Robotic Process Automation: Reality vs. Fairy Tale
Robotic Process Automation (RPA) is barreling its way to the top of the automation food-chain. On the surface it, automation repeatable processes might seem like a no-brainer, but with popularity comes scrutiny. With a large amount of RPA implementation failures taking place, the darling of the automation industry does deserve a closer look.
‘While RPA can transform the economics and service level of current manual operations, we have seen as many as 30 to 50 per cent of initial RPA projects fail.’
Failure levels reaching anywhere near the 30-50 per cent mark for first time starters should be setting off a number of red flags for those looking into the technology. If the numbers were lower, perhaps we could chalk it up to the pressures of cutting edge technology. But, RPA has been around for a while now, surely most industries have learnt from the mistakes of others. Another contributing factor could be the lack of education surrounding the technology. RPA is in no way a fix-all solution, so applying it to any and all processes without prior thought is a quick way to gain a lot of really fast, inefficient processes.
On the other side of the coin, RPA is a technology which, if used correctly, can provide a host of benefits on both the front and back end, including: decreased process time, increased efficiency, reduced faults and aiding front-end customer service agents. With benefits on offer the automotive program maintains its high-ceiling when properly implemented. So why is the failure rate so high? There’s certainly not a lack of thought leadership on the topic. The real question is can RPA live up to the hype? Or is it all just a fairy tale?
Automation can be a leading force in transformation and can truly revolutionize the way organizations conduct process excellence. However these innate positives must be tempered with a good implementation strategy for beginners and an industrialization strategy for more advanced players wanting to expand.
‘Successful implementers holistically think through the entire plan for digitization, instead of just focusing on the one RPA component. A typical automation effort requires a set of complementary component technologies that together address the entire requirement.’
The critical factor in the strategy is to take every touch point in the value chain into consideration. You have to say to yourself ‘this might be a front-end process but how will it impact the back-end?’ Rather than believing RPA will bring you success, those who succeed are the ones who look at all of the impacted factors. Those who develop RPA in an isolated bubble not only risk alienating FTEs, but also create an incomplete solution that overlooks vital aspects of the value chain.
A major aspect for the implementation of RPA is to have a viable data set in place for it to draw information from. This is also where an RPA solution can come crashing down, and an often overlooked step in the build up to piloting and subsequently, implementation. The data-set you build to incorporate with your automation strategy must not only have appropriate scale, but also have the purpose of the RPA in mind. Failure to take these two factors to heart may lead to a useless set, by way of being too small or not relevant.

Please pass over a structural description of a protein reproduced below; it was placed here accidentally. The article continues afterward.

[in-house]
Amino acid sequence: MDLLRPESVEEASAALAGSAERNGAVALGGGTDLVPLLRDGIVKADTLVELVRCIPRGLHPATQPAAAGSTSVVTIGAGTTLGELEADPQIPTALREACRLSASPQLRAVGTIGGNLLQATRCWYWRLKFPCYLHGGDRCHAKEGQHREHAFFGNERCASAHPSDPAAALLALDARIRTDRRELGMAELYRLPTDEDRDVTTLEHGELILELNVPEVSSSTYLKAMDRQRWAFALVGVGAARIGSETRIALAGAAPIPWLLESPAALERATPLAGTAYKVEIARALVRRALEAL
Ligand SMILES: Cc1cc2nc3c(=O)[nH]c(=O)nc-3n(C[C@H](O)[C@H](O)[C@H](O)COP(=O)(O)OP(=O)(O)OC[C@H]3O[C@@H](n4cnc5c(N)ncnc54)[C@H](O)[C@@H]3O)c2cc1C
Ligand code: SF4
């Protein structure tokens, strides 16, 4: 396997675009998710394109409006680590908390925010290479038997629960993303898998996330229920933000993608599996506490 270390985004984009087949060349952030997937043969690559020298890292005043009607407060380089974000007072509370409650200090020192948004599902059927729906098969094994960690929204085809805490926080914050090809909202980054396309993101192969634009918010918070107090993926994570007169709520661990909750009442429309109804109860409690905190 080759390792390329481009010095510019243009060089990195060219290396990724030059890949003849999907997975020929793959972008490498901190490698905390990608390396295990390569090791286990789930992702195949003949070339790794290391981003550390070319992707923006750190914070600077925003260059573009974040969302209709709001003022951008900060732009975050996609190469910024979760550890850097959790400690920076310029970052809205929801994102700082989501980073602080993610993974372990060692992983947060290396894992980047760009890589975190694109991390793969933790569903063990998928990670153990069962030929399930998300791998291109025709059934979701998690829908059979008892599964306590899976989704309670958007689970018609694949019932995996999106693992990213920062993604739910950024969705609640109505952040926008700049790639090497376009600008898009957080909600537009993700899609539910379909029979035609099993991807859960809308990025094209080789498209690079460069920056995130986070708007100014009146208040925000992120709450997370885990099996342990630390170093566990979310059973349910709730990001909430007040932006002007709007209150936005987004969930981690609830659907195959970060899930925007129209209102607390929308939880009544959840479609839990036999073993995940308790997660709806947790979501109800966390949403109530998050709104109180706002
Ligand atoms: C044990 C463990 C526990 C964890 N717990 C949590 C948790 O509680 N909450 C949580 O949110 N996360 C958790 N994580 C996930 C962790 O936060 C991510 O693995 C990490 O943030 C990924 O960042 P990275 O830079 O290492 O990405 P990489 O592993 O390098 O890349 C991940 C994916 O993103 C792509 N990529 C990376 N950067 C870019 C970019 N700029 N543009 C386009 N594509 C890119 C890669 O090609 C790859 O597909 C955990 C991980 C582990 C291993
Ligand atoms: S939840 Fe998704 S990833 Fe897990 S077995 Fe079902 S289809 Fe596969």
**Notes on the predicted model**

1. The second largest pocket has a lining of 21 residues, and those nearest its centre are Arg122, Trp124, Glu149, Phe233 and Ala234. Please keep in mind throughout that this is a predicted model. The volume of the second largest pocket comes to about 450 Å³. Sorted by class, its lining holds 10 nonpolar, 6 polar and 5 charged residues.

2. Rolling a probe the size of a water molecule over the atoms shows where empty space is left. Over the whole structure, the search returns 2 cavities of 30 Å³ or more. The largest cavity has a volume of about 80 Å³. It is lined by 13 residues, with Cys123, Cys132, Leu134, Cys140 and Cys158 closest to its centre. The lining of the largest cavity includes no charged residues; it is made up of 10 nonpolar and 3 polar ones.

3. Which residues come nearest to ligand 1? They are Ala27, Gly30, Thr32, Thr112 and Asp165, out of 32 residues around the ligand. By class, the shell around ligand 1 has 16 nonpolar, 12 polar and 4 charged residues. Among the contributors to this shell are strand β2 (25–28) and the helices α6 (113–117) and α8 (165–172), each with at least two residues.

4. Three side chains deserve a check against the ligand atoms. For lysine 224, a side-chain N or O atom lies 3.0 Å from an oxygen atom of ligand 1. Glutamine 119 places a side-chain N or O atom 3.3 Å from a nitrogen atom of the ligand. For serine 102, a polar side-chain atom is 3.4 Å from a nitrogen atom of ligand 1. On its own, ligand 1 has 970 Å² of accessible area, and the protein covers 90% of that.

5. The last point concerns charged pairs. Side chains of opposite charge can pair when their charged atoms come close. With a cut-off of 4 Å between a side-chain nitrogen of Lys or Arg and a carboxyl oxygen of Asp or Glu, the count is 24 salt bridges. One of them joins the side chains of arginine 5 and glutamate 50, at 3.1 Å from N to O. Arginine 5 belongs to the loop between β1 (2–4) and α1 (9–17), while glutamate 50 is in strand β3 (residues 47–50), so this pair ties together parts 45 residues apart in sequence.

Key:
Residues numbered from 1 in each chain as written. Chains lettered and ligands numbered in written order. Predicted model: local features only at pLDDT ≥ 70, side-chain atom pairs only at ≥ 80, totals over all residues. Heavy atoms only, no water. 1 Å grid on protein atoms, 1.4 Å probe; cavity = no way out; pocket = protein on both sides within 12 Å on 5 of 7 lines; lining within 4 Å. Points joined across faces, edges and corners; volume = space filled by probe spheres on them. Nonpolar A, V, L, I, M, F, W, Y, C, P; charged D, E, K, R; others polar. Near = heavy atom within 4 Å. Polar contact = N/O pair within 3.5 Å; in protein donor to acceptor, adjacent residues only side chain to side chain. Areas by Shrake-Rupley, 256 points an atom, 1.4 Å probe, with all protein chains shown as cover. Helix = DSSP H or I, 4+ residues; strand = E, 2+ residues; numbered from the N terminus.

Understanding the program you are implementing, its ceiling and limitations, is very important. This process falls in the research phase of RPA maturity, it will not only aid in the selection of the program but also what processes you are able to apply it to.
The individualized nature of applying RPA to processes means that is not a fix all solution. For the untrained, or those doing automation without proper research this could be a fata pitfall and could be one the reasons we see such high-failure rates in new-starters. Some of the most egregious hype surrounding RPA is that it will solve any and all problems in the blink of an eye. The success of RPA, much like many other tech solutions, is dependant on how and where you apply it and the preparation put into it to give it the best foundation possible.
It is important to be realistic about the expectations from RPA, what you put into it will not necessarily have a 100% return in the short term. Utilizing the technology to automate repetitive process does not hold a massive amount of value for all companies. While in specific circumstances the percentage of automation might represent a like-for-like to the percentage of savings, the majority of organizations must accept this will not be part of the case. Mitigating expectations is a vital part of determining success and fail states for automation.
‘Robotizing 75% of tasks doesn’t necessarily translate into 75% savings. The tasks that are robotized are non-value add tasks.’
One last thing that RPA providers often fail to mention is the impact that automation has on the office culture. While the old idea of ‘robots are going to take our jobs’ has been dispelled, there is still lingering doubt among many FTEs on how impactful RPA will be.
RPA does remove the need for humans in repetitive processes, this much is true, but rather than replacing FTEs a conscious organization should focus on upskilling and re-training staff to add more value-added work to the spectrum. On the flip side the focus on technology can also have adverse effects on your stuff on a deeper level. With technology taking a more prominent place in the strategy of, those companies spearheading technology excellence need to consider the impact of the technology onto its staff members.